LIMA — With both a City of Lima Land Bank and the Allen County Land Bank in operation in the city, it was inevitable that the two entities would eventually be brought together concerning a property within city limits. During an Allen County Land Bank Board meeting Thursday, details of that meeting were outlined, revealing some procedural friction.
Allen County Treasurer Rachael Gilroy spoke about a group of three Kibby Street properties during the meeting, properties which were next to a group of properties already held by the county land bank. Each of the three properties were tax delinquent, Gilroy said, with delinquency going back as far as 1989 for one of the properties.
“Our county land bank applied to the city land bank for the acquisition of those lots,” she said. “We wanted to combine them with the lots we already have now.”
When the application was made, the county land bank listed “economic development” as the plans for the property, believing it was understood that the properties would be marketed for sale.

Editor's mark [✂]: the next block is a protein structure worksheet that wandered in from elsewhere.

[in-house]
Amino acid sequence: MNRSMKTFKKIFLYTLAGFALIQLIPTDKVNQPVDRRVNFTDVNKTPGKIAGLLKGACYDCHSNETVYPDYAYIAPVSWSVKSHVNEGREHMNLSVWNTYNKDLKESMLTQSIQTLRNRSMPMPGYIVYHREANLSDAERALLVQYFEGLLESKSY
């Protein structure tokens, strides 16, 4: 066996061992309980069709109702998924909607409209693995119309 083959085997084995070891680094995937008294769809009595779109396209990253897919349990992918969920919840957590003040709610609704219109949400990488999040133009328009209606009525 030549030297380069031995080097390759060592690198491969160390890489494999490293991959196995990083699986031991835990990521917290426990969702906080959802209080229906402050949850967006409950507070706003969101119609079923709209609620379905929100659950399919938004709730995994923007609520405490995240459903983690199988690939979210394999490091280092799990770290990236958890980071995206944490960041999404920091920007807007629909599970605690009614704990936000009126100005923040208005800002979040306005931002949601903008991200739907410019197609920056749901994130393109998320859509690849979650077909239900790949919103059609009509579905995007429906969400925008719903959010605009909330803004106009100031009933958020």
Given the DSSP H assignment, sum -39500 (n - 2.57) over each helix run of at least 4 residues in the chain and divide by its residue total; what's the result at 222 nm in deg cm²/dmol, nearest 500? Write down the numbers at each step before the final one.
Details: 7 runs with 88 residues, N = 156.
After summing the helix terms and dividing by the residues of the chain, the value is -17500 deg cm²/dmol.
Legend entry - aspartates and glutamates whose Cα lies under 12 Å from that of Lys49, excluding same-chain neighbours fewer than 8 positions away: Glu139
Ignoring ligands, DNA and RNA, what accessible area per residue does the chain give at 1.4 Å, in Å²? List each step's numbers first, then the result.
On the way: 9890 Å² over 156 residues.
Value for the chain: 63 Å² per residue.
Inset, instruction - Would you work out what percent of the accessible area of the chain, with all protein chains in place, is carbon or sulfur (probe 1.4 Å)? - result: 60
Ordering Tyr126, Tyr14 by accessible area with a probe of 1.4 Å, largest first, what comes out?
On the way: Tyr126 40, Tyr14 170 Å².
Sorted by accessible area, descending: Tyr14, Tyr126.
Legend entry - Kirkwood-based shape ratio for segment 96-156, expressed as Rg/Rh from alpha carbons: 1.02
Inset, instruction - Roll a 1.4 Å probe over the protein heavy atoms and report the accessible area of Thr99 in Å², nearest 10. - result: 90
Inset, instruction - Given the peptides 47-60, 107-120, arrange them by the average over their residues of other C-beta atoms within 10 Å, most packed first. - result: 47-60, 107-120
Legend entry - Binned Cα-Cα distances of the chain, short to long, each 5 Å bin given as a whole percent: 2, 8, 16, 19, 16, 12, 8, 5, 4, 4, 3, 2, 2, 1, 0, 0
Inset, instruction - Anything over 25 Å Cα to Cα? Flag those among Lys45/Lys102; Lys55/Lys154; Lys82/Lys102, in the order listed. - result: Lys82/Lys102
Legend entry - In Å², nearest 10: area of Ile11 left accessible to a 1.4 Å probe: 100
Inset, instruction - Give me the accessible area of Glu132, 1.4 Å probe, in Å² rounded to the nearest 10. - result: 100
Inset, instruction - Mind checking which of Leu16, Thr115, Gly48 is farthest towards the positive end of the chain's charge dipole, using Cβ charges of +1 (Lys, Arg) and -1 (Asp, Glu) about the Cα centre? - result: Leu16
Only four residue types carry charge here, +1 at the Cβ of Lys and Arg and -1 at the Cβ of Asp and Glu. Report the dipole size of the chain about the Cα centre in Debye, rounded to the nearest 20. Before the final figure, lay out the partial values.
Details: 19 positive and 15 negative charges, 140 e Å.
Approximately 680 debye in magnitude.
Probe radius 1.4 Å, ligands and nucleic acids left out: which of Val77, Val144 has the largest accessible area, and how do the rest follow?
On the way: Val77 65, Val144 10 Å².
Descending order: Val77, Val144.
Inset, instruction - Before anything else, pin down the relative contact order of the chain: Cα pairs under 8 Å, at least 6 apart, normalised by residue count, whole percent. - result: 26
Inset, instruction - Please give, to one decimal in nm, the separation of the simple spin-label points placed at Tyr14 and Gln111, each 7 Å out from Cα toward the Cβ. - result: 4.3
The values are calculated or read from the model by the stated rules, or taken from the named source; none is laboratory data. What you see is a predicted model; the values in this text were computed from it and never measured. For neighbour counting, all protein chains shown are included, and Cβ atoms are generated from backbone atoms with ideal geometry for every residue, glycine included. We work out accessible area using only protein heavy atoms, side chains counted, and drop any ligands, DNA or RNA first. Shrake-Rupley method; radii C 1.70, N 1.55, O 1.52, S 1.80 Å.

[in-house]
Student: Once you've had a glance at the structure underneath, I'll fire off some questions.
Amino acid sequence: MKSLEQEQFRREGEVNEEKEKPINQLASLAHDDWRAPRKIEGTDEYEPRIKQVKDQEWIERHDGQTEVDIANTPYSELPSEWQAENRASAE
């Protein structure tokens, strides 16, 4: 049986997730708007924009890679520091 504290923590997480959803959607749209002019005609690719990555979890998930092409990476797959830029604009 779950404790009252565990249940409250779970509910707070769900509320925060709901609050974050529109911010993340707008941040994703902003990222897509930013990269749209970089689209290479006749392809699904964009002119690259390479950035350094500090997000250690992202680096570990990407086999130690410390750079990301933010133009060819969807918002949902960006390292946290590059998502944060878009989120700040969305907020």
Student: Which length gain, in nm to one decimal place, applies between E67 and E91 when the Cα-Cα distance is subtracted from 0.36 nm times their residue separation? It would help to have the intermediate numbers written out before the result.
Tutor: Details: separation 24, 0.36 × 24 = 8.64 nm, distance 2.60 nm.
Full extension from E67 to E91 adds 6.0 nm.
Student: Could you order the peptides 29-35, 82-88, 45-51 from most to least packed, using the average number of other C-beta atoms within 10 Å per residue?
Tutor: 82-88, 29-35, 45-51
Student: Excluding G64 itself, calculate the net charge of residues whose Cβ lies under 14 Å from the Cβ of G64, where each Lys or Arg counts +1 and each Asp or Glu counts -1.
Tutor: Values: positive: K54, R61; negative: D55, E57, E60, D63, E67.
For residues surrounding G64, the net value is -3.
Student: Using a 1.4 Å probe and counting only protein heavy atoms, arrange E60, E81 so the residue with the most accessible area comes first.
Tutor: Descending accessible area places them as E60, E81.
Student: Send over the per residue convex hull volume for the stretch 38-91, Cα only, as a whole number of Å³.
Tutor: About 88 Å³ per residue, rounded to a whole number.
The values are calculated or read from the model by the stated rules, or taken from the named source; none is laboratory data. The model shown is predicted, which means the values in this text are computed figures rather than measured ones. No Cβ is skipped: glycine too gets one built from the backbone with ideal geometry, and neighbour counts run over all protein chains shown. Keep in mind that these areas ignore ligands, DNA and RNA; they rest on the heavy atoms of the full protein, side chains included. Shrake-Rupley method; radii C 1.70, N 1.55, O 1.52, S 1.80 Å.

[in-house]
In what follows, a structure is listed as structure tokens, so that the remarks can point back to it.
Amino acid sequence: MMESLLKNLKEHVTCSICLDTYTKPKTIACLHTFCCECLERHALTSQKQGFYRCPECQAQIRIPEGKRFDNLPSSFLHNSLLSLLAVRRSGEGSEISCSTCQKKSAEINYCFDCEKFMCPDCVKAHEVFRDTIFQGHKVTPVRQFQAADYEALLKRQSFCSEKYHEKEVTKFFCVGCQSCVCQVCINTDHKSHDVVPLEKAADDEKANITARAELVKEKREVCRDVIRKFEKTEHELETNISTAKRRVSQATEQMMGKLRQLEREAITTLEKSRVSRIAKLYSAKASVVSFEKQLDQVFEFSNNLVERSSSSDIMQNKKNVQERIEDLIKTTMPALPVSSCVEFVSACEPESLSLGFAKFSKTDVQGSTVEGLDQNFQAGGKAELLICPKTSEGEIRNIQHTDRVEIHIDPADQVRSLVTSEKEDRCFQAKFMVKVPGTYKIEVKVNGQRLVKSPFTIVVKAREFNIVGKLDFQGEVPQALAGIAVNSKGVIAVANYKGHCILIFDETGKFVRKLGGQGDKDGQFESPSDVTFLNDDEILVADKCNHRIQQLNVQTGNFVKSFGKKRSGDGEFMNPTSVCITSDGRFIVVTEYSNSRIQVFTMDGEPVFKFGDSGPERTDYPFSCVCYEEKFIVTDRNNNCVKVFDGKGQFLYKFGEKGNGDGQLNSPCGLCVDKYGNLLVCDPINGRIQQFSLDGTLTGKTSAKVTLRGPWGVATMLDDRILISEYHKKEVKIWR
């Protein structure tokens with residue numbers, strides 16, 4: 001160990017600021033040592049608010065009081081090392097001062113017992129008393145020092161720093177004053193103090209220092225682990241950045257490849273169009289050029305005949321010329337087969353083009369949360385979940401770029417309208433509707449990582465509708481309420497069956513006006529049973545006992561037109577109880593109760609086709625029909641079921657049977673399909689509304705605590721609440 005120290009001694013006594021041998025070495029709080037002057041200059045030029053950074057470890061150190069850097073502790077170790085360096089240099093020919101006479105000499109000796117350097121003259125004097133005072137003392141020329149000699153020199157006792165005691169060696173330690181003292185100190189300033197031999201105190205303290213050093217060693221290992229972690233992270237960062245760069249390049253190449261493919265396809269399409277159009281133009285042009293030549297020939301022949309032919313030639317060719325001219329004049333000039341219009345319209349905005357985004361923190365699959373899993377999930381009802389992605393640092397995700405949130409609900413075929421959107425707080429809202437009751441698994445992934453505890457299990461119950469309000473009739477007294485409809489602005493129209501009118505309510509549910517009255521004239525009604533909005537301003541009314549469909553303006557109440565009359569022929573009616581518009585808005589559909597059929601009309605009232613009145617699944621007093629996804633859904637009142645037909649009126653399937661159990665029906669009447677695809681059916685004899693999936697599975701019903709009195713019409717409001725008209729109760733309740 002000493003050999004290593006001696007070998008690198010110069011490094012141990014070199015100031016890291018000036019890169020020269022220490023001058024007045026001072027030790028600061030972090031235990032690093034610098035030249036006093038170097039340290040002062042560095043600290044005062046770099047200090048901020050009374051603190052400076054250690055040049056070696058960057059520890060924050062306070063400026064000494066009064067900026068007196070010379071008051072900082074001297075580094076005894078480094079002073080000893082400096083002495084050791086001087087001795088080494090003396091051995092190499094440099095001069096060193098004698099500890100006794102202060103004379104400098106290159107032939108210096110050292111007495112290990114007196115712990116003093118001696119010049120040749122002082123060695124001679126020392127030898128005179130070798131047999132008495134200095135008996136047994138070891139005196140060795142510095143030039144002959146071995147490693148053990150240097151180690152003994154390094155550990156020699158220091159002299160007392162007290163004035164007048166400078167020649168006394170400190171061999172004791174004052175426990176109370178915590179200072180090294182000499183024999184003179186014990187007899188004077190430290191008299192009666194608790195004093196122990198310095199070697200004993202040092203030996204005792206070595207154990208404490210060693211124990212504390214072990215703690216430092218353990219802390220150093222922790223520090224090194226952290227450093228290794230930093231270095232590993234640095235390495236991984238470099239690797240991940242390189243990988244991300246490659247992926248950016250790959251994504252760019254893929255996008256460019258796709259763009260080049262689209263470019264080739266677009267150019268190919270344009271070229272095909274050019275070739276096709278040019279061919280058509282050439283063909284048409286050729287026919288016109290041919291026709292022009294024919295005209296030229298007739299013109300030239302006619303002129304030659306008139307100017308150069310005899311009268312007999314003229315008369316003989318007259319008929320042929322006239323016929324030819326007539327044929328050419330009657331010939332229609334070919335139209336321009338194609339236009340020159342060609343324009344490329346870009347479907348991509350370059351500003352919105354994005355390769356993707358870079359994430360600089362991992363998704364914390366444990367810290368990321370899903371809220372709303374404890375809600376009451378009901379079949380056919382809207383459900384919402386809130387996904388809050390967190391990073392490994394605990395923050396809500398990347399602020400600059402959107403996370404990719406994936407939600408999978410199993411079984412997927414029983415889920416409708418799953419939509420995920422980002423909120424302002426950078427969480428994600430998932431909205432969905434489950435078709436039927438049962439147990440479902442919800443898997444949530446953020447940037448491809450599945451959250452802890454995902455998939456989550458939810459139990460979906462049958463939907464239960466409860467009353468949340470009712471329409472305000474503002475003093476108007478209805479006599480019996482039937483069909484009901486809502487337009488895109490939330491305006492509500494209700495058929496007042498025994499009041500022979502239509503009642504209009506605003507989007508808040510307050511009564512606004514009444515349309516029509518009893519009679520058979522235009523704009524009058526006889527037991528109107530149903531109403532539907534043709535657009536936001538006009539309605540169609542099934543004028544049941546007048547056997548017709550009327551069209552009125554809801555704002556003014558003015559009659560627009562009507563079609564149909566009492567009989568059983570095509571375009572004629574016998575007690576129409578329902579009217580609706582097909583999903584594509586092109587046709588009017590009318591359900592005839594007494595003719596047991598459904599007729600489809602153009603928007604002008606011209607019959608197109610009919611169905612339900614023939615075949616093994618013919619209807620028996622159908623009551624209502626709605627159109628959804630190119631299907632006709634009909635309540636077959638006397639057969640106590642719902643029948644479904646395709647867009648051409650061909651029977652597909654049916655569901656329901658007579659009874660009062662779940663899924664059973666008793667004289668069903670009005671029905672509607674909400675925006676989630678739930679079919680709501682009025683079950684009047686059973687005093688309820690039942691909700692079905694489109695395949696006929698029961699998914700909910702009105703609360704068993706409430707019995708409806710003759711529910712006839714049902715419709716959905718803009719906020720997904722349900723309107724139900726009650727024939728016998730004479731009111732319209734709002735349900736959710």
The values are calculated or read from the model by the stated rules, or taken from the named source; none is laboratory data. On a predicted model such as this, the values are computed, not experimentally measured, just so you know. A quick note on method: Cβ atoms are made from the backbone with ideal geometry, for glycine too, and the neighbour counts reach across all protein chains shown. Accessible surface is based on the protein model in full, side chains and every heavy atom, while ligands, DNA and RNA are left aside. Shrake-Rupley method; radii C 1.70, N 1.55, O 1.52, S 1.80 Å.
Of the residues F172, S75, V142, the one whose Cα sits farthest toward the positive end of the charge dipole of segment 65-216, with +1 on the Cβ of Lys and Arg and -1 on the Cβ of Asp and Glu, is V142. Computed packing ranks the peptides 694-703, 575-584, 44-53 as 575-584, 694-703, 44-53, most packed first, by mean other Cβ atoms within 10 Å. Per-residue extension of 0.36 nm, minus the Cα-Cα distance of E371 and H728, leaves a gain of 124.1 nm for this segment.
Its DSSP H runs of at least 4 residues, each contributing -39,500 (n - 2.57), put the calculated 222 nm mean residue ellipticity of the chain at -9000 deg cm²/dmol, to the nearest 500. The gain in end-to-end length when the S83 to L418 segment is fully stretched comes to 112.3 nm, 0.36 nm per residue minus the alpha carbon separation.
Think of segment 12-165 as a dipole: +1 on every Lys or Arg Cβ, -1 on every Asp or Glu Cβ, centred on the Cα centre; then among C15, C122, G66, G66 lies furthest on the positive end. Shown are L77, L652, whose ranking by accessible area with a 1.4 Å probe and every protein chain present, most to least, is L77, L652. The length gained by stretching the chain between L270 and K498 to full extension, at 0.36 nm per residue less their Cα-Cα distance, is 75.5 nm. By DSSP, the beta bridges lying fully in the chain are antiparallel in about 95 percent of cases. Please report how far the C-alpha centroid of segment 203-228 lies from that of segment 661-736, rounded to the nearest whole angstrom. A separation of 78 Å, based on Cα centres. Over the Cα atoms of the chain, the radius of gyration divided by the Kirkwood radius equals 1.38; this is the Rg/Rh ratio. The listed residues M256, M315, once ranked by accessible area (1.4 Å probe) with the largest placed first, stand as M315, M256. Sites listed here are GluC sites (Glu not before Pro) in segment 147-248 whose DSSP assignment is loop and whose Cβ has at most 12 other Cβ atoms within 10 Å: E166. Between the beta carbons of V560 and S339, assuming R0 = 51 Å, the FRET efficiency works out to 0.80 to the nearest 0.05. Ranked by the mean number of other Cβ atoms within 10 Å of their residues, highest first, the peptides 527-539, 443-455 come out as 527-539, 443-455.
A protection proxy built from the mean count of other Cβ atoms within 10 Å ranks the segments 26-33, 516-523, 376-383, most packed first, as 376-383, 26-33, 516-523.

“I got a letter back from the city requesting more information because they don’t like speculation and they didn’t know if it was appropriate,” Gilroy said. “We’re set to market our two lots, and it would be nice to put that whole area out for development. At this point, we don’t have an end user.”
Lima Community Development Director Susan Crotty said that the city was simply looking for more details on the plan, saying the city land bank makes the same request of every property applicant.
“All we ask for is a plan,” she said. “All we got was a pretty generic ‘economic development.’”
Gilroy took exception with that, saying that the mission and track record of the county land bank should be sufficient to assure the city land bank that the properties would be utilized and marketed properly.
After some discussion, it was determined that the county land bank would include more detailed statements of intent in future applications. However, while the city land bank maintained that the letter was sent with the intention of treating everyone equally, county land bank officials maintained that the situation could have been handled differently without such formalities.
“We will cooperate, but we’re asking that maybe, in the future, we receive a little different form of communication than an official letter when we’re trying to work together,” Allen County Commissioner and county land bank board chairman Jay Begg said.